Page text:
Real estate, low dollar keep B.C. in the black

Property transfer tax up $150 million from spring budget, tourism and movie business surge due to 75-cent Canadian dollar

Finance Minister Mike de Jong

The B.C. government expects to finish the fiscal year next March with a $265 million surplus, thanks to surging property transfer tax revenues and a lower Canadian dollar that helps everything from tourism to the movie and TV industry.

Government revenues have declined due to lower natural gas, metals and other natural resources, Finance Minister Mike de Jong said Tuesday in his second quarter financial update. But with a continued hot real estate market in southwestern B.C. and housing starts running above average, property purchase tax revenue is $150 million ahead of the February budget forecast.

Retail sales are running 7.2 per cent ahead of last year for the period of April to August, with vehicle and parts sales up 9.5 per cent and food and beverage up 7.5 per cent.

De Jong said the Canadian dollar, currently trading at 75 cents U.S., has cut down on cross-border shopping trips from B.C. and contributed to a rebound of tourism, which along with stronger employment has helped increase retail sales.

The dollar exchange rate has also led to an increase in movie and TV production, which costs the province because of the big tax incentives offered to lure foreign productions here.

Foreign movie companies get a 25 per cent tax rebate for all spending on labour in the province, and the latest estimate is those credits will climb to a record $514 million for the current year. De Jong said B.C. remains competitive in the movie business despite Ontario increasing its tax credits in 2009 to cover 25 per cent of all spending by foreign movie and TV production companies.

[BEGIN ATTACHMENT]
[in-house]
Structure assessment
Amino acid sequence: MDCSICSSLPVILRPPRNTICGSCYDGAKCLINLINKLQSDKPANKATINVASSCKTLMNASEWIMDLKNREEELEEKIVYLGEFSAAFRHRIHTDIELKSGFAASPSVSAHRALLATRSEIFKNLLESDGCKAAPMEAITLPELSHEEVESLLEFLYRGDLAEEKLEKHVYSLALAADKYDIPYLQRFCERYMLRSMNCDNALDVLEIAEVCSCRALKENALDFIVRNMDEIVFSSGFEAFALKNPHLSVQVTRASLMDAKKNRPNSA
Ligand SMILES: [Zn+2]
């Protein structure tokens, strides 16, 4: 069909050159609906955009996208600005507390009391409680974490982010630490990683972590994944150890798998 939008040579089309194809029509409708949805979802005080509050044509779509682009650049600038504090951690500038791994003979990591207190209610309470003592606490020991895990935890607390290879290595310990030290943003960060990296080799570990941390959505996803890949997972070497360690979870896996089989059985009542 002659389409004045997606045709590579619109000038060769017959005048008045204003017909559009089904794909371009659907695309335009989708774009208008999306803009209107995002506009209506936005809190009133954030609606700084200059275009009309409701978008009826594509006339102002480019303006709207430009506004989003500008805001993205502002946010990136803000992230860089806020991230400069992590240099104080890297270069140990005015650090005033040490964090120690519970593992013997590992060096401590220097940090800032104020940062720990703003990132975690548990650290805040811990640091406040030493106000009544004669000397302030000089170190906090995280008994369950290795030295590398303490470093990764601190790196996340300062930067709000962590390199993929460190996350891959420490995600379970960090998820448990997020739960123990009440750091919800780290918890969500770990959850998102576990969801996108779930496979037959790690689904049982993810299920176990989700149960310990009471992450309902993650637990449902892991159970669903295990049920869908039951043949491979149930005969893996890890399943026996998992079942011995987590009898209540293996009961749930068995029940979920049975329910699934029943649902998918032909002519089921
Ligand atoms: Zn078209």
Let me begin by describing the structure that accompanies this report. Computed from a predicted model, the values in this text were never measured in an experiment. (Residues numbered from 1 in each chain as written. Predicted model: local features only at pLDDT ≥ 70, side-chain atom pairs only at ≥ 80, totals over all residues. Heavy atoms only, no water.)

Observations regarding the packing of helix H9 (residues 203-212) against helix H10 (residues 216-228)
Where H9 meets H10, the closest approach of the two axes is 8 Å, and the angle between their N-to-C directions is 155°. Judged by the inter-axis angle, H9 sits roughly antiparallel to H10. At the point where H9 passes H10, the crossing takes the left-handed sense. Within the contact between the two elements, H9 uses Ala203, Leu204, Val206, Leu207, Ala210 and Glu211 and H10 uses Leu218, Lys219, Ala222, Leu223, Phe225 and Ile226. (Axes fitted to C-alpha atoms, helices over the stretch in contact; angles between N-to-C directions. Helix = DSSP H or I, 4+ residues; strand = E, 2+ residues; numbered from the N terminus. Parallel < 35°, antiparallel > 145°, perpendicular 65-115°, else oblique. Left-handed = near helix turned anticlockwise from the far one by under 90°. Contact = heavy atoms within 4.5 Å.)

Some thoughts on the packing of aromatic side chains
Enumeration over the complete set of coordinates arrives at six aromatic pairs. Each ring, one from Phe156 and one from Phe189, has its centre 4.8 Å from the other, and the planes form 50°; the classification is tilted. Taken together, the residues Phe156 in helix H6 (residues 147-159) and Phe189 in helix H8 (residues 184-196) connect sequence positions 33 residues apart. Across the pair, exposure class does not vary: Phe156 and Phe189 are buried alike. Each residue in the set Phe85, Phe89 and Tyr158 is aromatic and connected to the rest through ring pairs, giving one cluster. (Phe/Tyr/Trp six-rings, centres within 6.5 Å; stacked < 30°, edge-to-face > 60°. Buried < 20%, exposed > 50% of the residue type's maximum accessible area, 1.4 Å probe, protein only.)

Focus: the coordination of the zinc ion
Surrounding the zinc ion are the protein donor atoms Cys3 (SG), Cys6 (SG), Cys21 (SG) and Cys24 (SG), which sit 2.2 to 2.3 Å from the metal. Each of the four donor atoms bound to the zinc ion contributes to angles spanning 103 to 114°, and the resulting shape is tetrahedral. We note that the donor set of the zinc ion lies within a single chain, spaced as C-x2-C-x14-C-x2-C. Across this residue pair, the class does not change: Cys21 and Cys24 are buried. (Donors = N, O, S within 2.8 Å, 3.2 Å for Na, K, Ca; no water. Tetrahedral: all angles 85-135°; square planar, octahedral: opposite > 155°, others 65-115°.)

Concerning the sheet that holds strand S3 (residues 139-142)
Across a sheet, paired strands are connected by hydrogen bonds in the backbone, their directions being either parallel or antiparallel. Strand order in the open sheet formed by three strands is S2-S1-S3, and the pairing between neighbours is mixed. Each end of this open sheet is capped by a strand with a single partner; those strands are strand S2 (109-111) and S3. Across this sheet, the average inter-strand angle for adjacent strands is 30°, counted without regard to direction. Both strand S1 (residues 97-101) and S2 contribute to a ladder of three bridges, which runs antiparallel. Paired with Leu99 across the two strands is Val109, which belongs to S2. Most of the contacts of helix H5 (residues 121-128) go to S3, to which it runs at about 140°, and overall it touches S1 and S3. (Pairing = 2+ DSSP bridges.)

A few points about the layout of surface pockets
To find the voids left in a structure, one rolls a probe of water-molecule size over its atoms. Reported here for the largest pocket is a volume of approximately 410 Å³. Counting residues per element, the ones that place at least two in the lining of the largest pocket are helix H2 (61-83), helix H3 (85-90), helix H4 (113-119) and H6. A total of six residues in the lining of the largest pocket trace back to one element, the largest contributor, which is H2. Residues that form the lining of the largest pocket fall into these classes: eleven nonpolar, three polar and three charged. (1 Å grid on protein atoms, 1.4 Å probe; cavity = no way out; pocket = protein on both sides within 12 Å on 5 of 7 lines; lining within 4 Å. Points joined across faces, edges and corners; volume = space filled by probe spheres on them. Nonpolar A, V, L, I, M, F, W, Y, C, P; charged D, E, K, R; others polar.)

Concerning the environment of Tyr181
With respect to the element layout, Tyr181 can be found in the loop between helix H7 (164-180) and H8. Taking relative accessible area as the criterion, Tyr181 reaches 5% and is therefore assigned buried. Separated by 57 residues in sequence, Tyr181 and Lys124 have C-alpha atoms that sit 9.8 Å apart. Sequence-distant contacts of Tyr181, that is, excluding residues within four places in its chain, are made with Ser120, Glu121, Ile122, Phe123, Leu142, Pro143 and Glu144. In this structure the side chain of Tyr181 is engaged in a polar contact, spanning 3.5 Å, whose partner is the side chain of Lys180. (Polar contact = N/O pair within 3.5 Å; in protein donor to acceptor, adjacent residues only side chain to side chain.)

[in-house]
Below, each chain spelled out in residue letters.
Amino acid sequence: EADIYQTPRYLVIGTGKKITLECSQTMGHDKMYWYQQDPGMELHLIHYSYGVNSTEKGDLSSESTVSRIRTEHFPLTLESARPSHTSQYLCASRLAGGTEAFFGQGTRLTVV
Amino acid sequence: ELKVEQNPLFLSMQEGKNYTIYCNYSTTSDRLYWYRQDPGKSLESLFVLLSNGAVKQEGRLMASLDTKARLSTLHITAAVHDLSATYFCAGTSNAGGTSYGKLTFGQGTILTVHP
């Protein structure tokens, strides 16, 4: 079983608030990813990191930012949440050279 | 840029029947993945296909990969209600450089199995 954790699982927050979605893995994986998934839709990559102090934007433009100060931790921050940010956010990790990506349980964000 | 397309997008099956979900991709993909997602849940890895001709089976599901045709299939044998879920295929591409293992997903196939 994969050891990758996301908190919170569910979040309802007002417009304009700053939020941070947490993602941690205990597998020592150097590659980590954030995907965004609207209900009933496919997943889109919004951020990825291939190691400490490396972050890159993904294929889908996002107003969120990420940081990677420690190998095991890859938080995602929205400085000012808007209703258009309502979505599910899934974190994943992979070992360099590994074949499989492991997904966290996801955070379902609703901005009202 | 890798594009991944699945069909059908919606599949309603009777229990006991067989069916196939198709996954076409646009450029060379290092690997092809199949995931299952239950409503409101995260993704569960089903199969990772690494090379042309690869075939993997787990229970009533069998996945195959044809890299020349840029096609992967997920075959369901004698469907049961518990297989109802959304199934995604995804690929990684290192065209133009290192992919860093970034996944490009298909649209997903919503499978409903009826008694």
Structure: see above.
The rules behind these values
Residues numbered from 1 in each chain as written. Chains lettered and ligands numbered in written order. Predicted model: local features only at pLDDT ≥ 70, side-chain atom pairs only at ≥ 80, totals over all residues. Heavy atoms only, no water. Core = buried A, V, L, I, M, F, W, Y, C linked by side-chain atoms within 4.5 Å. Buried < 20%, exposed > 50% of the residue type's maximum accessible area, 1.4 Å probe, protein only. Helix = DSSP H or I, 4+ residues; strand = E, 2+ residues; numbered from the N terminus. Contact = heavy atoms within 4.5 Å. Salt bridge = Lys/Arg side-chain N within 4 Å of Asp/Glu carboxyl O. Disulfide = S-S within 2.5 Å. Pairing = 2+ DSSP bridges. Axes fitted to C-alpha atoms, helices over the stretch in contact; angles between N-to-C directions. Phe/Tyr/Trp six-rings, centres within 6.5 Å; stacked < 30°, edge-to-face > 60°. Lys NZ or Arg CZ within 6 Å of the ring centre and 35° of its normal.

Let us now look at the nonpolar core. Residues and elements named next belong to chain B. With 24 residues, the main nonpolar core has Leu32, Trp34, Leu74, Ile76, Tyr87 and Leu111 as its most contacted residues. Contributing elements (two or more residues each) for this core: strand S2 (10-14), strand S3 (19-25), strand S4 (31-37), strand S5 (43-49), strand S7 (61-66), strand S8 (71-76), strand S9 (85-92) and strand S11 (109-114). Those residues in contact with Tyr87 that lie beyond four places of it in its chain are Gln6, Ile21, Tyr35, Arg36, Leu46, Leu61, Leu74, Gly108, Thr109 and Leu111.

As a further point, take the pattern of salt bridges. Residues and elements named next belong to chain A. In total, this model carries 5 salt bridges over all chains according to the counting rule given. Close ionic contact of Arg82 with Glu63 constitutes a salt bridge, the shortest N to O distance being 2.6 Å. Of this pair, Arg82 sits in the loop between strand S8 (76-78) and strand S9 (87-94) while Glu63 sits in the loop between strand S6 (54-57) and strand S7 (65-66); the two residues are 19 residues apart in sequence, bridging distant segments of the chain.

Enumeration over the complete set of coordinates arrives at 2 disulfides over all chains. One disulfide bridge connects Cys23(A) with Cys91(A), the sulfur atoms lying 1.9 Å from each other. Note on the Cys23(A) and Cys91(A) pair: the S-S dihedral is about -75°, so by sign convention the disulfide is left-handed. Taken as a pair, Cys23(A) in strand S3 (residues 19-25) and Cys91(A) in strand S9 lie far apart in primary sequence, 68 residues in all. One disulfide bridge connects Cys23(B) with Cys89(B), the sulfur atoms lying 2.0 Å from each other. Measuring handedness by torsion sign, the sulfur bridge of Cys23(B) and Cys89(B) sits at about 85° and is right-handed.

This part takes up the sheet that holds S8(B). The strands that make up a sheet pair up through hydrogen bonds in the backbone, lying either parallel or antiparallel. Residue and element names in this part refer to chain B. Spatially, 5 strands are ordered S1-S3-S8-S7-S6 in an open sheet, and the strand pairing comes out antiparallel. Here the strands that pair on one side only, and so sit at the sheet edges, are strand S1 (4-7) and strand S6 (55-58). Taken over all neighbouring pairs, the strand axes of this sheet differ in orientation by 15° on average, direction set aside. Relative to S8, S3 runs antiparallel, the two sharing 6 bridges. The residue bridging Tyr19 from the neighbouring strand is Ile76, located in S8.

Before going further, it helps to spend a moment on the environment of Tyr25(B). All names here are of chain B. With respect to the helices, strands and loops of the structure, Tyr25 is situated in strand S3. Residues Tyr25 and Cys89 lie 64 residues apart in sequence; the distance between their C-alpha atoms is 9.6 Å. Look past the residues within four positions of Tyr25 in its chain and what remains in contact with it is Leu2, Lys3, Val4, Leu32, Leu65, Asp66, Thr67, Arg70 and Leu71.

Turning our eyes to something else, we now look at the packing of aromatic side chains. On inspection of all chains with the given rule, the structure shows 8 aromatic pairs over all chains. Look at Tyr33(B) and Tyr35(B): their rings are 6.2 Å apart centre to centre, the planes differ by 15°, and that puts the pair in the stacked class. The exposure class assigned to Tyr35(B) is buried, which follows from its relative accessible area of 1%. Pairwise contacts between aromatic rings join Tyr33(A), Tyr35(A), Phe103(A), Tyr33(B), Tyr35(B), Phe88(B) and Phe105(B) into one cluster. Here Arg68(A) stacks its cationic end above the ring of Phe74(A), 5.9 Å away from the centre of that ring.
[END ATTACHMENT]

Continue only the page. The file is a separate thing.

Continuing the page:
Forest fire expenses were higher than average this year, but not as high as expected earlier in the season.

Exports from B.C. are down overall, with economic growth projections downgraded for the U.S., Canada, China and Japan, which de Jong said is now back in a recession.

 

Just Posted

Stolen carousel horse found in ditch, returned to Parksville resort owner

Christmas decoration was stolen from Sunrise Ridge Resort on Nov. 28

SOS: Coming together to make Christmas brighter

Group hopes to reach monetary goal of $110,000

Parksville thieves make off with machetes inside stolen cube van

Crime report: Vandals in Qualicum Beach spread feces all over business bathroom

Crook makes off with cigarettes from Quality Foods in Nanoose Bay

Suspect broke into grocery store early Saturday morning

VIDEO: Ex-NASA engineer pranks mail thieves with glitter bomb trap

Package thefts are common this time of year, but YouTuber Mark Rober used his engineering skills

Lightning top Canucks 5-2 in feisty battle

NHL’s No. 1 team too much for Vancouver

Bear cubs try to take Vancouver Island woman’s Christmas cookies

Incident happened in the early-morning hours today, Dec. 18, in Nanaimo

FortisBC says you can return to normal gas use following pipeline fire

Utility says increased pipeline capacity, warmer weather have allowed supply to reach normal levels

CSIS collected info on peaceful groups, but only in pursuit of threats: watchdog

Security Intelligence Review Committee says fears unjustified after reviewing evidence, testimony

Canada ranks 16th on annual gender gap list

This is the second year Canada has placed 16th in the World Economic Forum’s list

VIDEO: Tornado rips through city west of Seattle

Reports indicate five to seven homes damaged in Port Orchard, Wash.

Trial date postponed for man charged with killing Abbotsford police officer

Oscar Arfmann’s trial pushed back from January to May 2019

Privacy watchdog says legal cannabis buyers should use cash, not credit

Some countries could bar entry to individuals if they know they have purchased cannabis

Most Read